BY- NEHA CHAUDHARY
Interpretation of laws in Ayodhya verdict
Mir Baqi built Babri Masjid in 1528 for Mughal Emperor Babur. The Hindus and Muslims had always been wrangling over the ownership of that land. The Hindus claim that the mosque was built after the demolition of the Ram temple and it is the birthplace of Lord Ram, whereas, the Muslims, on the other hand, were denying such claims. As a result, various riots broke out between then in 1856-57, followed by the desecration of mosques on the night of December 22-23, 1949. After placing Lord Ram’s sculpture into the central dome of the mosque, the Allahabad High Court even permitted the Hindus to worship there. The tensions among various groups like Ram Lalla Virajmaan, Nirmohi Akhara, Sunni Wakf Board, etc. were increasing for claiming ownership. Various petitions were also filed in the Allahabad High Court and the Supreme Court of India.
The mosque was demolished in 1992. Writ petitions were mounting up in the court. In 2002, the high court directed the Archeological Survey of India to carry out a scientific investigation over the disputed land. It submitted its final report in 2003. The report indicated that the pillars of the mosque contained Devanagari script inscribed on it and the temple might have belonged to Lord Vishnu, but no evidence was found whether the temple belonged to Lord Ram or not.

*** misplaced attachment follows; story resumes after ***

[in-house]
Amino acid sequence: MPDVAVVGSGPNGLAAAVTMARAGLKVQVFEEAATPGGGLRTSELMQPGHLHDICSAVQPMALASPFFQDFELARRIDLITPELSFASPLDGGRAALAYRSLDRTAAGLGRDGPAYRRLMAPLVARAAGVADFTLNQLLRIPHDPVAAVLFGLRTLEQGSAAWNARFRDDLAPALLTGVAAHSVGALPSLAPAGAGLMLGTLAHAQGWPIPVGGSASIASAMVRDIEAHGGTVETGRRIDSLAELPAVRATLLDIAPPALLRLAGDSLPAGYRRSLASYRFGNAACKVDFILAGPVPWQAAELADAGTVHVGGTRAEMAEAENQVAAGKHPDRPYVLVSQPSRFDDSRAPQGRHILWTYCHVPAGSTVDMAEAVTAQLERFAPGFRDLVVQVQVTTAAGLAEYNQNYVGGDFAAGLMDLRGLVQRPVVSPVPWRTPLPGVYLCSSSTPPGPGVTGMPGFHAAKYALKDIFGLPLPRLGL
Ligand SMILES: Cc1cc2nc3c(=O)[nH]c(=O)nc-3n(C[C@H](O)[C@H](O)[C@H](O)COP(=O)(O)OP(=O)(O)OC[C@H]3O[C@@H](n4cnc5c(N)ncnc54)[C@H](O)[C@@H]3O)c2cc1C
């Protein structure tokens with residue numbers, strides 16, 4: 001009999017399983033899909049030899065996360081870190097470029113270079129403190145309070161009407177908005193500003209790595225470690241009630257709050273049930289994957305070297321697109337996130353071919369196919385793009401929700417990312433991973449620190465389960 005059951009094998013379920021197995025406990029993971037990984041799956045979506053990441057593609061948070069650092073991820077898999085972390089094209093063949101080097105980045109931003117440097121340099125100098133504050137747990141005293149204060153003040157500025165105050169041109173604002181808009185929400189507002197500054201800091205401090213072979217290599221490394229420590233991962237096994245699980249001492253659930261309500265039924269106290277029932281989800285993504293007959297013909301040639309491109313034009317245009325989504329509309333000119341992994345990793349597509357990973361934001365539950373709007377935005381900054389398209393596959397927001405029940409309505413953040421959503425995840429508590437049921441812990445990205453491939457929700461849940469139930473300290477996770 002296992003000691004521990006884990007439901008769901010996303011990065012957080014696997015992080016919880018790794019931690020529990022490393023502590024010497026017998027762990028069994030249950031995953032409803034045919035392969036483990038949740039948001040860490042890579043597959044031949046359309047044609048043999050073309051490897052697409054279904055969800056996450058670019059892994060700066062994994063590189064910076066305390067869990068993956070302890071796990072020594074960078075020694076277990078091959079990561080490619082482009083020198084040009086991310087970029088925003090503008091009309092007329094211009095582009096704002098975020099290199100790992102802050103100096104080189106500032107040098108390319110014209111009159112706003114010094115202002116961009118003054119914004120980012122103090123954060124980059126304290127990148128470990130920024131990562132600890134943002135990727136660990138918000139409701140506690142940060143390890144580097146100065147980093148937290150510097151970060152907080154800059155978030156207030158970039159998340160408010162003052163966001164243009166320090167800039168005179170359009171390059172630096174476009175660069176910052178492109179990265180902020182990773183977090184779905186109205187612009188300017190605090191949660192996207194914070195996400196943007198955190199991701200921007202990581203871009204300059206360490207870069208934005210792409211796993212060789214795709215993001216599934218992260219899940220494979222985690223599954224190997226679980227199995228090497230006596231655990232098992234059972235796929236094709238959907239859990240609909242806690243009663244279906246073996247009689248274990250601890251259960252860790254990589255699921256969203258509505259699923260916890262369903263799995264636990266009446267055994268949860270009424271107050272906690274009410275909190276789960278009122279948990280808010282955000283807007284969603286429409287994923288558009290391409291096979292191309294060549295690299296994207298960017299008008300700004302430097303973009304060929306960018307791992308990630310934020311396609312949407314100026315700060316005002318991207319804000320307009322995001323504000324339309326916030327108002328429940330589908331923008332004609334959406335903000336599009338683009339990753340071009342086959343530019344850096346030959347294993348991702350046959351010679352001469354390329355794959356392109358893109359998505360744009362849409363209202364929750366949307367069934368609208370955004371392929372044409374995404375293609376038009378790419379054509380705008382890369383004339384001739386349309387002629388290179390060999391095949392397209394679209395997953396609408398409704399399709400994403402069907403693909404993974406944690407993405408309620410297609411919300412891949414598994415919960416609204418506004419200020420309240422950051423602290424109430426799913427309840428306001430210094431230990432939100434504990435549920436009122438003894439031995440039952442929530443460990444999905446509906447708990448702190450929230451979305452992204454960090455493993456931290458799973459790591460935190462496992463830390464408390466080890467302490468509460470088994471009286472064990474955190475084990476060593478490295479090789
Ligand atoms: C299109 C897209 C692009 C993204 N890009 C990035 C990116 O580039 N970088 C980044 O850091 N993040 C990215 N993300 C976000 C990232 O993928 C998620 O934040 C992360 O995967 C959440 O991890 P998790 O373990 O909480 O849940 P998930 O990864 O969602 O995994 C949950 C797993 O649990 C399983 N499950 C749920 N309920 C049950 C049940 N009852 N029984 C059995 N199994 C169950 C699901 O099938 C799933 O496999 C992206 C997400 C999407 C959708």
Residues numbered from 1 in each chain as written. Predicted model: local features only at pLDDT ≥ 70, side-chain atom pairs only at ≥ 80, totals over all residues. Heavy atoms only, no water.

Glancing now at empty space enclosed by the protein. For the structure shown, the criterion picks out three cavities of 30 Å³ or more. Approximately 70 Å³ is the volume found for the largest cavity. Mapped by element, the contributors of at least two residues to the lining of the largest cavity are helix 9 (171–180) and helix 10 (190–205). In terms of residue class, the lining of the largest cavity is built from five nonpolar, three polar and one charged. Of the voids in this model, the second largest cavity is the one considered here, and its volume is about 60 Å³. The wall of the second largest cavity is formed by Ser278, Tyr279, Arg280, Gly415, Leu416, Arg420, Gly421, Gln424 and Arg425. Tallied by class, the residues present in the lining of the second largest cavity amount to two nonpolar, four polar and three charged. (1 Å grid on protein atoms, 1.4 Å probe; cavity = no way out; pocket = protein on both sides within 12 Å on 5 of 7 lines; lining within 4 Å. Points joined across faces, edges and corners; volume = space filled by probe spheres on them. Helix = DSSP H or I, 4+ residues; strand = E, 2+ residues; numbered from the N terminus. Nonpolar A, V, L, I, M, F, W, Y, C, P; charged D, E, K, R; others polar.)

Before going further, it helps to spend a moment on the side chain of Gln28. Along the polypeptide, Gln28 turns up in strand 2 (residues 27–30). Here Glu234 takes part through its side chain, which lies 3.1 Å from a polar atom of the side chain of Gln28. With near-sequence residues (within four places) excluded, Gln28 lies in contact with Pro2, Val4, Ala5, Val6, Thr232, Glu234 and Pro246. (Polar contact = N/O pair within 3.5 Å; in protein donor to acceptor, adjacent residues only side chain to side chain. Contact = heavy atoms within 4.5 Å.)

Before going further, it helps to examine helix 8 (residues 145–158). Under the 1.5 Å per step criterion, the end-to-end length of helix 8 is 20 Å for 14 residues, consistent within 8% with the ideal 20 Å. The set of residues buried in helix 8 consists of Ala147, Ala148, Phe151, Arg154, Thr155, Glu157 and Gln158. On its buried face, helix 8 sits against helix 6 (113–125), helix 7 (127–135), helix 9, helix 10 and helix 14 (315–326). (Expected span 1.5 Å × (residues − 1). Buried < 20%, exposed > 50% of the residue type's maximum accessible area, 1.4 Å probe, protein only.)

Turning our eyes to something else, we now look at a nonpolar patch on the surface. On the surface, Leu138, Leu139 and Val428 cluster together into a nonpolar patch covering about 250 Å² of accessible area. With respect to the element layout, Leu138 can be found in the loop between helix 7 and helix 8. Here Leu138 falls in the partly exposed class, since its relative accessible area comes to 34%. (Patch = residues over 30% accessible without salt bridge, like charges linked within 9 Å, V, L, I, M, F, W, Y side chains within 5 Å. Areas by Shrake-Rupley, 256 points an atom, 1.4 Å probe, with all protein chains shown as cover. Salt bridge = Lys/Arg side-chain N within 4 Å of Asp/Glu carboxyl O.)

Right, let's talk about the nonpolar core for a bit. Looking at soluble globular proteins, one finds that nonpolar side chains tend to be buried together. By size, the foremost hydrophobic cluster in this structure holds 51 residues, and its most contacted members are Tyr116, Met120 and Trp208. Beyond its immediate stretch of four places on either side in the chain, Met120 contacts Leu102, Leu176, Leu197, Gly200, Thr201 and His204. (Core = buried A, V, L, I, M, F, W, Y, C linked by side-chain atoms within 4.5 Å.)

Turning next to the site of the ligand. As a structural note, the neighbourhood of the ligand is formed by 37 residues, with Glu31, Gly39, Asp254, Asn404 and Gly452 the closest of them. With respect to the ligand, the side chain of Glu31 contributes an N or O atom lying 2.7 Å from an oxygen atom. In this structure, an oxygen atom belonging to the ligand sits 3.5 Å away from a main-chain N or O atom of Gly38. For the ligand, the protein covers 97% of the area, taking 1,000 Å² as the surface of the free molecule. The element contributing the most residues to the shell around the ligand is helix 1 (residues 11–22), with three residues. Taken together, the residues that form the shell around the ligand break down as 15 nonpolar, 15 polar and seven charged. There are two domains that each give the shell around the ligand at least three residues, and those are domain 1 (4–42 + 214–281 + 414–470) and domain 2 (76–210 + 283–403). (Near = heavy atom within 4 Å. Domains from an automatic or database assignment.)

The final judgment on the Ayodhya verdict was announced in October 2019. The court granted the disputed land of about 2.77 acres for the construction of the temple and allocated 5 acres of land as compensation to the UP Sunni Wakf Board.
The dispute involved property rights. The Supreme Court heavily relied upon the findings of the Archeological Survey of India, but it also tried to maintain the balance between the religious groups. It gave the judgement keeping in mind its sociological and religious impact on the people. In my view, the Supreme Court applied the rule of harmonious construction of interpretation of statutes as it resolved the contradicting interpretations in such a way that the effect is given to both interpretations so far as possible.
ABOLITION OF SECTION 377 OF INDIAN PENAL CODE
Section 377 of IPC earlier criminalized unlawful sexual acts against the order of nature, including consensual penile non-vaginal intercourse among adults of same-sex, non-consensual penile non-vaginal intercourse with children or animals, and even penile non-vaginal intercourse between the adults of same-sex.
Naz Foundation vs. Government of NCT, Delhi and Others –Naz Foundation is Delhi based NGO that has been working on HIV/ AIDS and sexual health issues, filed a petition in the Delhi High Court challenging the constitutional validity of Section 377 of IPC as it violated the fundamental rights guaranteed under Articles 14(3), 15(4), 19(5) and 21(6) of the Constitution of India. The petitioner contended that the discrimination faced by the LGBTQ community was impeding its work on combating the spread of HIV/ AIDS. It also contended that penile non-vaginal intercourse is likely to reduce the number of HIV/ AIDS infected persons in India.